Ever since the members of the U.S Business Roundtable presented their plan to gradually raise the retirement age to seventy last year, the political and economic realm has been on fire with both support and recrimination. This fervor has only intensified after a recently released report by the Congressional Budget Office (CBO) which stated that, holding all else constant, the combined Disability Insurance (DI) and Old-Age and Survivors Insurance (OASI) trust funds would be exhausted by 2030. In addition to this, a summary released by the Social Security Administration (SSA) announced that if no steps are taken to remedy the challenges facing Social Security and Medicare, the SSA would only be able to pay around seventy-five percent of scheduled benefits using tax income starting in 2033.
Liberal publications and economists have roasted the idea, stating that the most oft-raised justification for raising the retirement age, the increased life expectancy of today’s population, ignores the reality that life expectancy has risen much more for the rich than the poor. Similarly, publications such as Mother Jones declare that raising the retirement age would result in “fewer benefits for lower-income workers who typically die younger than those who make more.” Liberal think tanks are also slamming the idea of raising the retirement age. A study at the Center for Economic and Policy Research concluded, “raising the retirement age…would imply a substantial upward distribution of wealth.” Conservative think tanks, on the other hand, have lauded the idea.
The American Enterprise Institute (AEI) released a report recommending raising, at the very least, Social Security’s Early Retirement Age in an effort to prolong the ability of the SSA to pay full benefits. Another report released by the Heritage Foundation recommended raising both the early retirement age as well as the normal retirement age. This report also recognized the additional challenges presented to workers who may wish to continue working but cannot due to health issues related to physically demanding jobs or a low socio-economic status, both of which may contribute to a higher dispensation towards incidents of disability. For these people, it recommended that they “should receive benefits through Social Security’s Disability Insurance (SSDI) program until they reach the [Early Eligibility Age].”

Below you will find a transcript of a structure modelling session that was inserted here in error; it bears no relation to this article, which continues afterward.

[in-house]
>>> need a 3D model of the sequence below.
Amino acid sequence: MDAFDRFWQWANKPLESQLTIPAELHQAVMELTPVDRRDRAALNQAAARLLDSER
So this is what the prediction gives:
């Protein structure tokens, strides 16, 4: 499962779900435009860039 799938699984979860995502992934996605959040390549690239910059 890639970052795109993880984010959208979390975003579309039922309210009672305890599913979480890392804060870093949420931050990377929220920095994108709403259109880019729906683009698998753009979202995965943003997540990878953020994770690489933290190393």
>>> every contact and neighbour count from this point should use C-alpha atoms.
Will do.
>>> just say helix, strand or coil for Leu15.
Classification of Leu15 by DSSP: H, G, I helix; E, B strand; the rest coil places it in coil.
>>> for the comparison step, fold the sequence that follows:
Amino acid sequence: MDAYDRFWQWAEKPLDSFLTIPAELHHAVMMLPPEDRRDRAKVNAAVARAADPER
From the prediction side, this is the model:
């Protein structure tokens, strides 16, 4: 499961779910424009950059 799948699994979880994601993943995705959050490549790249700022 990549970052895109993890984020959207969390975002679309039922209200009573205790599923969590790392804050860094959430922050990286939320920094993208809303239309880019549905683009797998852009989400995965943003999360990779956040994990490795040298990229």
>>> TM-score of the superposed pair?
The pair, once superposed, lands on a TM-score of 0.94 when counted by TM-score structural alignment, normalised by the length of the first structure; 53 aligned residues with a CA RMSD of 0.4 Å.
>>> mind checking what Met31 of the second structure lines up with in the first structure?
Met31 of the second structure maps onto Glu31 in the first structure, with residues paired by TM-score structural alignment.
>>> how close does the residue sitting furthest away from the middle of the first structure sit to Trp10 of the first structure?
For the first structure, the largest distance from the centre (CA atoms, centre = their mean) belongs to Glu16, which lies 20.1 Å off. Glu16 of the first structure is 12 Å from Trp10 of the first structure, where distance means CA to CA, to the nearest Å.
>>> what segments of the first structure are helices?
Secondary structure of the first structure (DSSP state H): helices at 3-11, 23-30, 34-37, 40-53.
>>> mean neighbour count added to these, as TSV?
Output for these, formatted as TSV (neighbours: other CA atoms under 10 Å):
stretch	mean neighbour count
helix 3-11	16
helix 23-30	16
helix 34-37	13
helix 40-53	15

So who’s right? We know that the last of the silent generation and the majority of the baby boomer generation are approaching retirement age, resulting in the active workforce shrinking and the number of people collecting social security rapidly rising. It is also a generally accepted fact that workers over the age of fifty have much more trouble getting new jobs and are among the first to go when businesses start downsizing. Furthermore, several studies, such as this one by the Institute of Economic Affairs in the United Kingdom, have linked retirement and increased depression.
While hiking the normal retirement age may disadvantage some workers, doing so will prolong the ability of the government to pay the full amount of scheduled benefits. This will allow many more workers to receive their full benefits—or at least a portion of it for those that elect to go into early retirement—while also providing the opportunity to work a few more years and save up a little more money. Of course, this would still be only a stop-gap measure, not a complete solution. While lifting the retirement age is a viable option, it should definitely be considered in conjunction with other alternatives, such as retirement fund and savings education, incentives for workplace retirement funds, raising the Federal Insurance Contributions Act (FICA) cap and modifying cost of living adjustments. Hopefully, if nothing else, the whole debate over this issue will help educate current and future workers on how important it is to begin saving for their retirement as soon as possible.
So whether your goal is to work until the day you die or you’re happily anticipating the day you hit early retirement, one simple fact remains true: if you’re under fifty, don’t expect to be able to cover all of your expenses with a full percentage Social Security payment because, unless Congress and the Administration make some changes, that won’t be an option.